Burn -- Panama

Cold, cough -- Curacao


Expectorant -- Curacao


Fever -- Panama

Gangrene -- Guatemala

Gonorrhoea -- Guatemala


Insect repellent -- Curacao, Guatemala, and Honduras

Itch, skin, sores -- Curacao, Guatemala, Honduras, and Panama

Poison (Humans and animals) -- Panama and Venezuela

Rodenticide (rats) -- Guatemala, Honduras, Panama, El Salvador, Venezuela

Shade tree (for other crops) -- Sri Lanka

Sedative -- Curacao

Tumor -- Guatemala

Ulcer -- Guatemala

Propagation of Gliricidia sepium


Gliricidia is propagated readily from seed, with no seed pretreatment necessary. Seed viability is reduced dramatically after one year in storage, so fresh seeds should be used. They can be direct-seeded or established in a nursery.


Gliricidia roots readily from leafless cuttings either in the nursery or directly in the field during the rainy season. The latter are often large cuttings, called stake cuttings , which can range in size from ca. 1 cm to 10 cm or more in diameter and over a meter in length.


According to the National Academy of Sciences (1980a), the leaves contain over 20% crude protein and are nutritious for cattle though TOXIC to most other animals including horses. The tree is widely planted as shade for chocolate, coffee, tea, and vanilla. There are few "living fence" species that strike root from cuttings more readily, also widely planted as a hedge and/or windbreak. Tilth and fertility of the soil beneath the trees are greatly improved from the leaf- and flower-fall. The timber is said to finish smoothly and be used for furniture, agricultural instruments, posts, railroad ties, and heavy construction. Flowers are a good source of forage for bees. Flowers are consumed by Mexican rural inhabitants who use the pods for rat poison. In the Philippines, the foetid leaves are crushed and rubbed onto cattle. In Indonesia, the tree is planted as a firebreak. This and other fast-growing leguminous trees have the vigor to outgrow or compete with the Imperata grass. In the shade of Gliricida, the grass finally dies, leaving nothing that can sustain a grass fire (NAS, 1980a).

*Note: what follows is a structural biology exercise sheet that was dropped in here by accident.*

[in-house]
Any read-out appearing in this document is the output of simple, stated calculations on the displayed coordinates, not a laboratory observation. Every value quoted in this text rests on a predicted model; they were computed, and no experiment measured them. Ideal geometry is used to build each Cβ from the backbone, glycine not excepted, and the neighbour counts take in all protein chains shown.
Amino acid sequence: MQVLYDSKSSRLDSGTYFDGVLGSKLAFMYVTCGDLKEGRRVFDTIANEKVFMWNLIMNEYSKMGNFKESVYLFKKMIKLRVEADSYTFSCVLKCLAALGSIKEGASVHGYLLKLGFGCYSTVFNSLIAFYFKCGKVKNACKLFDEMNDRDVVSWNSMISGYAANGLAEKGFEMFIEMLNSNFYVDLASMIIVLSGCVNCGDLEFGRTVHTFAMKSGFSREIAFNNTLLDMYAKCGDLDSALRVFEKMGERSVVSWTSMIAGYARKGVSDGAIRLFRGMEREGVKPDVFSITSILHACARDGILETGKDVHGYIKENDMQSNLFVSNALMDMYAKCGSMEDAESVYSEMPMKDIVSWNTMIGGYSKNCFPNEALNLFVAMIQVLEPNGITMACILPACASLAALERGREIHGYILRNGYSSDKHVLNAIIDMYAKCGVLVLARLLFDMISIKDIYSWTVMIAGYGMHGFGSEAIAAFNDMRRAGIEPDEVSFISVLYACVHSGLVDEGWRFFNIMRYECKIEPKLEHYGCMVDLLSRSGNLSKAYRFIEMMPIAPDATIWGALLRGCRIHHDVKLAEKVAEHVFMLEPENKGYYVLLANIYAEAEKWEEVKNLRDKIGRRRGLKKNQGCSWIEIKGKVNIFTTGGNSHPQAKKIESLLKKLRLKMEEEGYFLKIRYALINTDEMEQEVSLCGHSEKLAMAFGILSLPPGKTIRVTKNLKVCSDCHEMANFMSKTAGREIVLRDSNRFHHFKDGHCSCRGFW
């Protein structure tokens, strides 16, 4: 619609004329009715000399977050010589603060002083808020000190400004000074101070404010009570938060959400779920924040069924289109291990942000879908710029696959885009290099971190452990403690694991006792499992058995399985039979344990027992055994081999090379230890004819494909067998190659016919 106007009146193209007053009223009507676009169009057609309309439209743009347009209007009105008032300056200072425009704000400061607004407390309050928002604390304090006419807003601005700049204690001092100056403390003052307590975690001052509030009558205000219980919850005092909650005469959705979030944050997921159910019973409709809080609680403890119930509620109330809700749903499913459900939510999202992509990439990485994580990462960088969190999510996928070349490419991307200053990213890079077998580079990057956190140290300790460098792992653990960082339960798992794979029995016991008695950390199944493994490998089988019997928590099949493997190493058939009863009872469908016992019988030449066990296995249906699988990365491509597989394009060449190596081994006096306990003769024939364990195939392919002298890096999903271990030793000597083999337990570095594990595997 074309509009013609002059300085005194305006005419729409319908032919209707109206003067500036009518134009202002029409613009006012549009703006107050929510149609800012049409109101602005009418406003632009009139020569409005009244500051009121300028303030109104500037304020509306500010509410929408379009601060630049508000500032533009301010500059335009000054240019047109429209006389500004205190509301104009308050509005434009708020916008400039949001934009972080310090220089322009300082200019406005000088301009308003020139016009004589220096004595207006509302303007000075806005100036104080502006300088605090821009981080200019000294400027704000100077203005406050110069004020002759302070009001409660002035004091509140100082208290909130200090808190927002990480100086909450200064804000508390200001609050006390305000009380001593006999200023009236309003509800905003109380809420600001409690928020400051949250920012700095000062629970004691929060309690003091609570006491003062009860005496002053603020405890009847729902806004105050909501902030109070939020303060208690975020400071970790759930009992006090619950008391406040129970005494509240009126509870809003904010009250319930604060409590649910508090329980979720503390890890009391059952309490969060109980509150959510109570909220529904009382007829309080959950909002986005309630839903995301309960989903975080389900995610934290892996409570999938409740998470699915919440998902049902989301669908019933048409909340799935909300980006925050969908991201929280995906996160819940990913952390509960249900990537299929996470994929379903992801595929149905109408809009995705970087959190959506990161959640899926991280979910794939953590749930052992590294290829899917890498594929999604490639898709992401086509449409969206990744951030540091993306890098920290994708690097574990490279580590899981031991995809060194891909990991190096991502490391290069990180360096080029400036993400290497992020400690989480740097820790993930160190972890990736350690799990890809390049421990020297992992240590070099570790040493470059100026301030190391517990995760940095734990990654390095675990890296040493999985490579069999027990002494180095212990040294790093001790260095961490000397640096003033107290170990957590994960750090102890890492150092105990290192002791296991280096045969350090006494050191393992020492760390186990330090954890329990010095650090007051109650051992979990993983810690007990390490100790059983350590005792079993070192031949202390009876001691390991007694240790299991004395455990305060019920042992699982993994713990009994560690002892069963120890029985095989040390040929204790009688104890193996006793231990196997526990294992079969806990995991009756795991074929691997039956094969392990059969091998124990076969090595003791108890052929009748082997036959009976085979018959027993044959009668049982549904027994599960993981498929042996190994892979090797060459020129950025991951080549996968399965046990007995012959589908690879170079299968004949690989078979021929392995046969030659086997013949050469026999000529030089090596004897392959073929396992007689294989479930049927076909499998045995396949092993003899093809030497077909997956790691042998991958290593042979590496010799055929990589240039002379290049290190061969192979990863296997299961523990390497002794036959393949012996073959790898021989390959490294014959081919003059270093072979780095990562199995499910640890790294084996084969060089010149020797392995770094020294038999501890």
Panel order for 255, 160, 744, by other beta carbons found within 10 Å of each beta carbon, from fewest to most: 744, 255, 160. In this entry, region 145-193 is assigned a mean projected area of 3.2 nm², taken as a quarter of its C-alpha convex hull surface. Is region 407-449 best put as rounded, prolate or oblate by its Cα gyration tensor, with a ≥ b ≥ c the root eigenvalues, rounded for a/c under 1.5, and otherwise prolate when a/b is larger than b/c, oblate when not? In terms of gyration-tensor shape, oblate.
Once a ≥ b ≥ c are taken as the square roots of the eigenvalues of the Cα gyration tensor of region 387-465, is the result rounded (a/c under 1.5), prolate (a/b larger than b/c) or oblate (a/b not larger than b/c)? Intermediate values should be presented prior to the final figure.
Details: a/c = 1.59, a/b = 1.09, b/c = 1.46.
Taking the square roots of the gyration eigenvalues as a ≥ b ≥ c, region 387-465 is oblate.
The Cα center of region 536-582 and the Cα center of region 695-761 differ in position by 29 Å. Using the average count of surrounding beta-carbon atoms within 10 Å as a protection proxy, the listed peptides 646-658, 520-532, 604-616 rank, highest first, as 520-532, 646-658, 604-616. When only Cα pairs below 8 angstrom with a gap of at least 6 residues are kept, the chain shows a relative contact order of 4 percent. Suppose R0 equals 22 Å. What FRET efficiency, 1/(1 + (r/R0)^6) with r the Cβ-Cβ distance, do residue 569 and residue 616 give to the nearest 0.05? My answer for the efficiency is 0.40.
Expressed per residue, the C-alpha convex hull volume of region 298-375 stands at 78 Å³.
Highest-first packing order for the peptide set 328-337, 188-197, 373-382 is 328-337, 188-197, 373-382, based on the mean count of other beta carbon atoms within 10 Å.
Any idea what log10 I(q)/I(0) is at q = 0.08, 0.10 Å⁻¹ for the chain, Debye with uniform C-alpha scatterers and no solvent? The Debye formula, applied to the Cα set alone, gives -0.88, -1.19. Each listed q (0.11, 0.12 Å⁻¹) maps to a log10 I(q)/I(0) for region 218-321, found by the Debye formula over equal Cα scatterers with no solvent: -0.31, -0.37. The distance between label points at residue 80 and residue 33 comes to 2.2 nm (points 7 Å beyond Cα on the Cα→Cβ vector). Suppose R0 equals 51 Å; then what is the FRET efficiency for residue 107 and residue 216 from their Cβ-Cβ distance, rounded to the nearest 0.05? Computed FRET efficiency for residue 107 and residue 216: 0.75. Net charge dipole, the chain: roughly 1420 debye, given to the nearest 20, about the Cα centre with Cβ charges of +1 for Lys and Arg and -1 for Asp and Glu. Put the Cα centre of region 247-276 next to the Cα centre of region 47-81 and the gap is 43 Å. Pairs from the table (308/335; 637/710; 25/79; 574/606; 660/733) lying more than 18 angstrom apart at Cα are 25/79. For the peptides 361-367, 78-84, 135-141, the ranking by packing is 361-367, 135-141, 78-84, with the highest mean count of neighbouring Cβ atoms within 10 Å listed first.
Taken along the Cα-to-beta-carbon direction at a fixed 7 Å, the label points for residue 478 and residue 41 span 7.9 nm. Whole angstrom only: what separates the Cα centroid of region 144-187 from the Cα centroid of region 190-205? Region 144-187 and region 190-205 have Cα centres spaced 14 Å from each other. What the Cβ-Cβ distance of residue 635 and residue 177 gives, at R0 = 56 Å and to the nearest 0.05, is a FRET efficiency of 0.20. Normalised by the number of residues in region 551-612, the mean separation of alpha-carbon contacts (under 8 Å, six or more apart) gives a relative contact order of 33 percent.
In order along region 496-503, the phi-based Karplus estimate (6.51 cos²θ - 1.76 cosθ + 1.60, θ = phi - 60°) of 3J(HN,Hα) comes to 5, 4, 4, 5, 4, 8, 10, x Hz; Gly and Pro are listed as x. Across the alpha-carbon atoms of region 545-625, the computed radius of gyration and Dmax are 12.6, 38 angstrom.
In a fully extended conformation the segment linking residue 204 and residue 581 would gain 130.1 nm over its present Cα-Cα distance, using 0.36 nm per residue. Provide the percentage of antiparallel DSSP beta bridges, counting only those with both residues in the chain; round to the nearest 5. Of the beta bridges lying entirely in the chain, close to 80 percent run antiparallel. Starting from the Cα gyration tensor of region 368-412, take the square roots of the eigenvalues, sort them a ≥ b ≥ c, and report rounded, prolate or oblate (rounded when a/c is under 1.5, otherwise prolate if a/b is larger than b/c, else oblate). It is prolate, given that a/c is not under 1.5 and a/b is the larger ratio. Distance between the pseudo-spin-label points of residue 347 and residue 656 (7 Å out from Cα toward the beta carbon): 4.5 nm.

Folk Medicine

Reported to be expectorant, insecticidal, rodenticidal, sedative, suppurative, Madre de Cacao is a folk remedy for alopecia, boils, bruises, burns, colds, cough, debility, eruptions, erysipelas, fever, fractures, gangrene, head-ache, itch, prickly heat, rheumatism, skin, sore, tumors, ulcers, urticaria, and wounds (Duke and Wain, 1981).


According to Roskoski et al. (1980), studying Mexican material, the seeds contain 11.93% humidity, 1.90% ash, 33.00% CP, 16.50% CF EE, 9.07% CF, 27.60% carbohydrates with a 52.42% in vitro digestibility. The foliage contains 11.96% humidity, 12.09% ash, 19.92% CP, 2.34% crude fat, 11.04% CF, 42.65% carbohydrates, and 69.69% in vitro digestibility. Low levels of alkaloids were found in the seed and saponins in the foliage, but the plant is still used for forage. Allen and Allen (1981) cite data suggesting that fallen leaves emit the new-mown-hay odor, because of the occurrence of coumarin compounds.